Reaching the campsite at the 26 mile point we found Al (aka Steve) and Fritz already camped out there.  After some convivial exchange with our new friends from Indianapolis, Sam and I both decided to camp there.  The plan at that point was for me to set up, then ride the remaining 6 miles to Seneca and pick up some food for myself and maybe some beer for the rest.  No problem.  Until I road down the way and found that Seneca is 6 miles officially, I mean the village limits may be there, but nothing else.  It started to rain.  Another 4 miles (total 10 now)  I found a way to cross the canal and get access to the town.  Climbing a mile and a half up a cliff road to reach Seneca, I found absolutely no retail possibilities, only huge, high priced architectural marvels.  I figure these were the families that owned the railroad that drove the canal out of business.  Following the cliff road a bit, I found nothing but more gated neighborhoods with extravagantly huge and expensive homes.  There probably are some retail areas in this town, but not near the canal.  The extra mileage I put in would have put me in Georgetown, but with no place to stay.  After my discovery, I obviously made it back late, the other guys offered some of their stuff and we all went to bed a little wiser than before.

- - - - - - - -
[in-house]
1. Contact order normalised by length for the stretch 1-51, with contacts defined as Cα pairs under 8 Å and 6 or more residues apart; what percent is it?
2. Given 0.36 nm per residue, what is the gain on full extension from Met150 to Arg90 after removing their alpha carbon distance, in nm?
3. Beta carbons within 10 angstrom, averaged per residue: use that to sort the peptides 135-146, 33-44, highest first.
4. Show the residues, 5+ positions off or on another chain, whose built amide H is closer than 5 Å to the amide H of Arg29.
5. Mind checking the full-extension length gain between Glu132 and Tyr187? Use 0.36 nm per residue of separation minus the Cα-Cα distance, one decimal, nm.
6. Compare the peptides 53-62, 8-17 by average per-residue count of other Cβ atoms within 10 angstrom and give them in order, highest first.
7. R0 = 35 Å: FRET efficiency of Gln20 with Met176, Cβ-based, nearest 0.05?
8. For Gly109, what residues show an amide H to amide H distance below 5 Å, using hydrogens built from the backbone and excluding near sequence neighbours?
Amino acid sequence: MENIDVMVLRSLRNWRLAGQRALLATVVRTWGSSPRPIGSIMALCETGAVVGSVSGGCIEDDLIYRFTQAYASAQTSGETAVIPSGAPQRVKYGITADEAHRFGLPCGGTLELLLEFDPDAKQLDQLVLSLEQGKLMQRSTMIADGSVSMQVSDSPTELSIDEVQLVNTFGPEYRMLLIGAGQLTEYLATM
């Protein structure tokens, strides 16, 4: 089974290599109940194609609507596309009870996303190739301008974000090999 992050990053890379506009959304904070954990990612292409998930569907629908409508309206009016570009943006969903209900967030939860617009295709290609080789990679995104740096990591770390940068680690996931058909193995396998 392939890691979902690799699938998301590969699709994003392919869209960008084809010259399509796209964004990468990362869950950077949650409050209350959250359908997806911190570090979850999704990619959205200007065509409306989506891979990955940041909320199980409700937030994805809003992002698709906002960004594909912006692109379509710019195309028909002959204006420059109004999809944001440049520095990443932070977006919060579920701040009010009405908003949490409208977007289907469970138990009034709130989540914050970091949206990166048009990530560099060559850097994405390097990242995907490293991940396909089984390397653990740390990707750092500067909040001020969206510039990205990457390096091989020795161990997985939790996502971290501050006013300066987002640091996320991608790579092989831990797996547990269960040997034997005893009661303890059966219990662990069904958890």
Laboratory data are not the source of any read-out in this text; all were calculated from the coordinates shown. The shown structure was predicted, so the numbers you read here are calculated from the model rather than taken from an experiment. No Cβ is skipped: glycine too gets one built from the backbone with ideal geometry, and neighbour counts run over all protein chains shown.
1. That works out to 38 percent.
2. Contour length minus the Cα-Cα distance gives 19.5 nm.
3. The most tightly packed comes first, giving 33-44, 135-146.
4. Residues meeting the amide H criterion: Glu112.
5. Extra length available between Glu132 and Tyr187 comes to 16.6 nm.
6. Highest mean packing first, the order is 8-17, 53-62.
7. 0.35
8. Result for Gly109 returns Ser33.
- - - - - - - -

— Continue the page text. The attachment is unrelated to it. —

Sam got up early and left long before the rest of us were motivated.  Al, Fritz and I had coffee together and a chance to inspect and compare gear.  They are petty experienced cylo tourists and backpackers taking a week off work.    I was quicker to break down and pack up.  I figured they would catch up as soon as I saw a place to sit and buy a fresh meal.

  It didn't happen,   The road to Georgetown is all down hill and down wind, the river changes character dramatically as it nears the Chesapeake, but there ain't no place to get nothin' . Despite what the Mileage Chart had told me, once past Brunswick and Point of Rocks area, there is no modern convenience until you reach the visitor center in Potomac and that is just a tourist accommodation.   Just fair warning.  It taught me to hold back an extra freeze dried meal or two.  I have had so much success over the years buying on a daily basis that I set myself up for failure here.  Fortunately, this is an easy part of the trail and I had time, just had  time, to get to Union Station, pack up the bike and catch my train.  Except for the little faux pas at the end, this was one of the best long trips I have had.
The important pleasure,  360 miles-no cars!
I'll wrap this up in a summary when I get some time in the next couple days, the important issue was the trip to retrieve my car outside of Pittsburgh.